I’m hugely inspired by a lot of my contemporaries, and I would love to work with any and all of them! Tasha Suri is an incredible author writing fantasy inspired by Mughal India. Ava Reid’s The Wolf and the Woodsman and Shelly Parker Chan’s She Who Became the Sun are two debuts that blew me away this year and hugely inspired me to develop further as a writer.
Every writer encounters stumbling blocks, be it a difficult chapter, challenging subject matter or just starting a new project. How do you motivate yourself on days when you don’t want to write?
Frankly, on those days I just don’t write. It’s not great, and I spent about ten years stuck in perpetual writers’ block, getting almost nothing done. Since then, I’ve tried to limit my expectations. I never sit down planning to write 2,3, 5 or 10k words. That’s just setting myself up to fail. I usually aim for 500. Or 200. Or 100. Whatever doesn’t feel intimidating. Then usually, once I’ve got through the initial awfulness, I get into the flow of a scene and I’ve written a lot more than I planned. Then some days I just scrape to my tiny goal and close the laptop. One foot forward is one more than before.
Monstrous Design is described as being a sequel to Dangerous Remedy but can also be read as a standalone; was this intentional, or did it happen organically?
It wasn’t intentional, but I think it was an inevitable part of trying to write a satisfying middle book to a series. I wanted the story to stand on its own as an enjoyable read, while moving everything on from the first book and setting up the third. While you can read Monstrous Design on its own, I think the most fun I had was getting to develop the characters in response to all that had happened in Dangerous Remedy – so I’d recommend reading them both if you have time.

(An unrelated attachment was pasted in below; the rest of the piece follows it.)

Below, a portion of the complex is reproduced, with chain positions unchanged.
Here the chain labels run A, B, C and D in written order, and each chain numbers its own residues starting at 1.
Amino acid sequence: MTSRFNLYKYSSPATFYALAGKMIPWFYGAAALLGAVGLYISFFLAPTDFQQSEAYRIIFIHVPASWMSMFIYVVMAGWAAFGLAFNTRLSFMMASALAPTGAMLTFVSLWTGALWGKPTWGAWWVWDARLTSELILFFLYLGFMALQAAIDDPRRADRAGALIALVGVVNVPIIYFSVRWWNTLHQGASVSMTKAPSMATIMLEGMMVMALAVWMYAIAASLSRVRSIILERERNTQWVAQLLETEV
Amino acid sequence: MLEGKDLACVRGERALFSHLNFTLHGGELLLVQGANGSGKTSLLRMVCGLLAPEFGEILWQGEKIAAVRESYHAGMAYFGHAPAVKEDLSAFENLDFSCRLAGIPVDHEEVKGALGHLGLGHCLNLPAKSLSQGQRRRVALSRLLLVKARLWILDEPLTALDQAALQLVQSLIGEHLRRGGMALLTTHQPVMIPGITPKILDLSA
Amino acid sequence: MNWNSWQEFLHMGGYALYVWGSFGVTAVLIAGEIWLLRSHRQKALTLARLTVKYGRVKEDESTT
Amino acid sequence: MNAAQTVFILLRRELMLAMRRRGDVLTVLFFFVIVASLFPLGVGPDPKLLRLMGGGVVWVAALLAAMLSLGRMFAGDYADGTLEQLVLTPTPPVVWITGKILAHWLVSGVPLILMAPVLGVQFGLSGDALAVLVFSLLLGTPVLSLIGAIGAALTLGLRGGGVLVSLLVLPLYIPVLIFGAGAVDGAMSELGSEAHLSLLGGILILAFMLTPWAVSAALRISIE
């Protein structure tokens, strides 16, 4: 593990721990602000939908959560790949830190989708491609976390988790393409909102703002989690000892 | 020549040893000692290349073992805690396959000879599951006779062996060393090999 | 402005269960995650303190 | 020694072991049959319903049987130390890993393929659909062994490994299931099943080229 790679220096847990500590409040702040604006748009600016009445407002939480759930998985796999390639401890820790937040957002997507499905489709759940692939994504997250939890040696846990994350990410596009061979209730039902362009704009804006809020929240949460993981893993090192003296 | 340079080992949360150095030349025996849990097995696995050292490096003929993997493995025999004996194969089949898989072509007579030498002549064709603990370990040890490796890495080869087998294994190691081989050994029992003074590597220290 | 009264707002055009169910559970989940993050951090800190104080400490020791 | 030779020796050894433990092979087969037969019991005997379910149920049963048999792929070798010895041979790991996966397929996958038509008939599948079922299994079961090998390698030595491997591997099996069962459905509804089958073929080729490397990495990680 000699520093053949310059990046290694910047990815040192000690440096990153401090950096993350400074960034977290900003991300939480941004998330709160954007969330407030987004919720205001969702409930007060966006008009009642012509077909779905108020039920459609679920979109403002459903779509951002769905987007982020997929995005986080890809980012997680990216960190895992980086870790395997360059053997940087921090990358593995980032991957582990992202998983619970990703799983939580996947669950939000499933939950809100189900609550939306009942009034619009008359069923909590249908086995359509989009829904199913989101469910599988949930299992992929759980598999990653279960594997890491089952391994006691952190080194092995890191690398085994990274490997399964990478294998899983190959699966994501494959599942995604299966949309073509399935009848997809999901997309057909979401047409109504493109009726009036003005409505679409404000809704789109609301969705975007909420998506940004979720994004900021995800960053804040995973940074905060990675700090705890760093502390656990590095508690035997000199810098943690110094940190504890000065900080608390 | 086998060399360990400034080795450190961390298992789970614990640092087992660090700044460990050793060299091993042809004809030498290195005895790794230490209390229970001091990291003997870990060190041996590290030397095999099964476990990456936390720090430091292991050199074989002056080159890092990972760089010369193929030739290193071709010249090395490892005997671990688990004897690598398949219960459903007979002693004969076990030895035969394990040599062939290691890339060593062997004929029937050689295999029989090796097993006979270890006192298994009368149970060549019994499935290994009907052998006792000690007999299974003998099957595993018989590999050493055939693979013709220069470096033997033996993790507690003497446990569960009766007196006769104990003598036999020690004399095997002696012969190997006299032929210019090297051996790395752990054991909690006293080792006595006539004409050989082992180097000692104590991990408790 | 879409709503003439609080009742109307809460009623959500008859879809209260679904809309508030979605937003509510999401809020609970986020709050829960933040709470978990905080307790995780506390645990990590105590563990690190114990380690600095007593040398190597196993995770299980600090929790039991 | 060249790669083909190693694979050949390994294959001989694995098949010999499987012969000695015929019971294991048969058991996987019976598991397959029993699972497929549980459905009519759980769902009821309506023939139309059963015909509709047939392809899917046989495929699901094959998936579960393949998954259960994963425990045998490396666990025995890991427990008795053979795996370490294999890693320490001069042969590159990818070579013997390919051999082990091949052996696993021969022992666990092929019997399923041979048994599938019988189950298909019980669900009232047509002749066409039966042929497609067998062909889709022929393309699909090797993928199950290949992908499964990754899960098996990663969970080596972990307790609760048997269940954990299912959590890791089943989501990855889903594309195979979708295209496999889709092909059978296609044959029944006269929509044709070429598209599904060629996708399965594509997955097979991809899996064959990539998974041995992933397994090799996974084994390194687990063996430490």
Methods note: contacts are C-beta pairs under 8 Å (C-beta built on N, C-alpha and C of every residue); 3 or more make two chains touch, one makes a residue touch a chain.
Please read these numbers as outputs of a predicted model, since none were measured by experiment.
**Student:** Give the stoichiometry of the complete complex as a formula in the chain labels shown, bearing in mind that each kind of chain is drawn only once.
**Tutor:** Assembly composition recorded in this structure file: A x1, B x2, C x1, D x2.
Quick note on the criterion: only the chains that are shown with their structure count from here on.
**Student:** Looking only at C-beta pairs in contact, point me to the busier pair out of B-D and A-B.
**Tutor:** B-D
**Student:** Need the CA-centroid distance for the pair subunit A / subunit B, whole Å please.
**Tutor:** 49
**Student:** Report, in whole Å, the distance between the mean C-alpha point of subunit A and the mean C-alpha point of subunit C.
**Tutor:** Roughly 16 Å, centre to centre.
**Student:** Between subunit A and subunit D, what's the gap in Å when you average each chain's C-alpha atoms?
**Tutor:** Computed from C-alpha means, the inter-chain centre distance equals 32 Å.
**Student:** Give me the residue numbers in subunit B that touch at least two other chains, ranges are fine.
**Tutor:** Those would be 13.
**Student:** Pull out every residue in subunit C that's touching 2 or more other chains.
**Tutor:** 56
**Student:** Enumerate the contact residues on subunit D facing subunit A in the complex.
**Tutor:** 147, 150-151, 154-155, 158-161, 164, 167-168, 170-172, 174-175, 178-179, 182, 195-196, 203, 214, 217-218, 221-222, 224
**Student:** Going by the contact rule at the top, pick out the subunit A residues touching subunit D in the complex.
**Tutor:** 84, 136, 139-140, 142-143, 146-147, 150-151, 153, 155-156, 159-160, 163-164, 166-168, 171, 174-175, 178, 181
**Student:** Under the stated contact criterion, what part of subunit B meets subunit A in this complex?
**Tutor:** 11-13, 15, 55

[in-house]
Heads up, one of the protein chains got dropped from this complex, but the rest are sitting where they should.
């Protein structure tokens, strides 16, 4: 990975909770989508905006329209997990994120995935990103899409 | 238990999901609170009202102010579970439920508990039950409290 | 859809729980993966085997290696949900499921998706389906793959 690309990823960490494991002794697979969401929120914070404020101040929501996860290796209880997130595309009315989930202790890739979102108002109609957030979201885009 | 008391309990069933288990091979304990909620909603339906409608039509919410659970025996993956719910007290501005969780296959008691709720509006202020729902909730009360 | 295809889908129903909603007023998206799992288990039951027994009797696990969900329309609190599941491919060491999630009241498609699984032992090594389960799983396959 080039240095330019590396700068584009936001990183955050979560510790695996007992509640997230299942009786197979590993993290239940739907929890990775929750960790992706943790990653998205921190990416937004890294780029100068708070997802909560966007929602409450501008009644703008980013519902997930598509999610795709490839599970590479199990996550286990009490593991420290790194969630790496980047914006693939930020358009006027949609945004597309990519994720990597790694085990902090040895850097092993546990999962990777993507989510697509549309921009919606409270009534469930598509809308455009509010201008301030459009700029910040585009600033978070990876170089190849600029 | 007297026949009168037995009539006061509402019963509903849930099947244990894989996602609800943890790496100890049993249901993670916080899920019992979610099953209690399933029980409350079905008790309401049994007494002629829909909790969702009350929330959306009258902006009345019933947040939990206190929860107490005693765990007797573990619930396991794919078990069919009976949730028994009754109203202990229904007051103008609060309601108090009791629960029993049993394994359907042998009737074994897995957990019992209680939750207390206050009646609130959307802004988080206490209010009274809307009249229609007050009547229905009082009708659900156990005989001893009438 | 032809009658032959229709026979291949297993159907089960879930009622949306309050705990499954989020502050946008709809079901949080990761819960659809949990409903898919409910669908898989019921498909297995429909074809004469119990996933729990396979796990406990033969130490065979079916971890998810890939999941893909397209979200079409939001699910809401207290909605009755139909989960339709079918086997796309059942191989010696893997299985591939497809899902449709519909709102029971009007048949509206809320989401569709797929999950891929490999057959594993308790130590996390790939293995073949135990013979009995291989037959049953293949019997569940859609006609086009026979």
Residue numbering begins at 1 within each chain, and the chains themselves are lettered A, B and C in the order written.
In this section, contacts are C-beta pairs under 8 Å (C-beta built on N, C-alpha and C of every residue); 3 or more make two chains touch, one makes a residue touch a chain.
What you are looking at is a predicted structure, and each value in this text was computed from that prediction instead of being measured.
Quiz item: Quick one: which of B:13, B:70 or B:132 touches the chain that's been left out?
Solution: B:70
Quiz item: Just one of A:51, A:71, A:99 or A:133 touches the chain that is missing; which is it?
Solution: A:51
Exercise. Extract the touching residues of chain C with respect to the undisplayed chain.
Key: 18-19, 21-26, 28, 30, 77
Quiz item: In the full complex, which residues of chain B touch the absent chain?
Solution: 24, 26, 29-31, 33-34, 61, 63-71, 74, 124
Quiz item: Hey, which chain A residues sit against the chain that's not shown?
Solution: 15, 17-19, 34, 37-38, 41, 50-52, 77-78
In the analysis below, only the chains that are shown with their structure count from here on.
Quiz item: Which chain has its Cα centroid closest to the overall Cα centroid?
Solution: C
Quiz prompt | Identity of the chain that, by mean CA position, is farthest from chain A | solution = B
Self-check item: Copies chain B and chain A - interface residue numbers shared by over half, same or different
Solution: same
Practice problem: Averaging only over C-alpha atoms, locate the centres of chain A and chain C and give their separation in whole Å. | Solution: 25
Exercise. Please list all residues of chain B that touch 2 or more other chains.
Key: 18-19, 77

We always appreciate a beautiful book cover! How involved in the process were you? Was there a particular aesthetic you hoped they’d portray?
I was quite involved, though ultimately the responsibility for and decisions over the cover lay with my publisher. They definitely took on my feedback, and we finessed the cover a lot to get to something we both loved. I didn’t really have any specific cover visuals in mind, but I loved that the decadent, dark atmosphere came through.
Can you tell us a bit more about your characters? Do you have a favourite type of character you enjoy writing?
I think my favourite type of character to write will always be the snarky, self-deprecating depressed one – much like Al in Dangerous Remedy. There’s just too much opportunity for fun dialogue, and a shovelful of angst.
In general, I think I like to write characters wrestling with their own flaws, the gap between who they want to be and who they are. In Dangerous Remedy and Monstrous Design I got to spend time digging into this with my two narrators, Camille and her girlfriend Ada.
I find myself writing aspects of my own struggles into all my characters, like taking a fragment of my brain and blowing it out into a full character and using that space to explore the issue. Not that all my characters are dealing with ‘issues’, but more that I think that spark of truth from my experience helps make them feel more alive on the page.
The world shifts, and you find yourself with an extra day on your hands during which you’re not allowed to write. How do you choose to spend the day?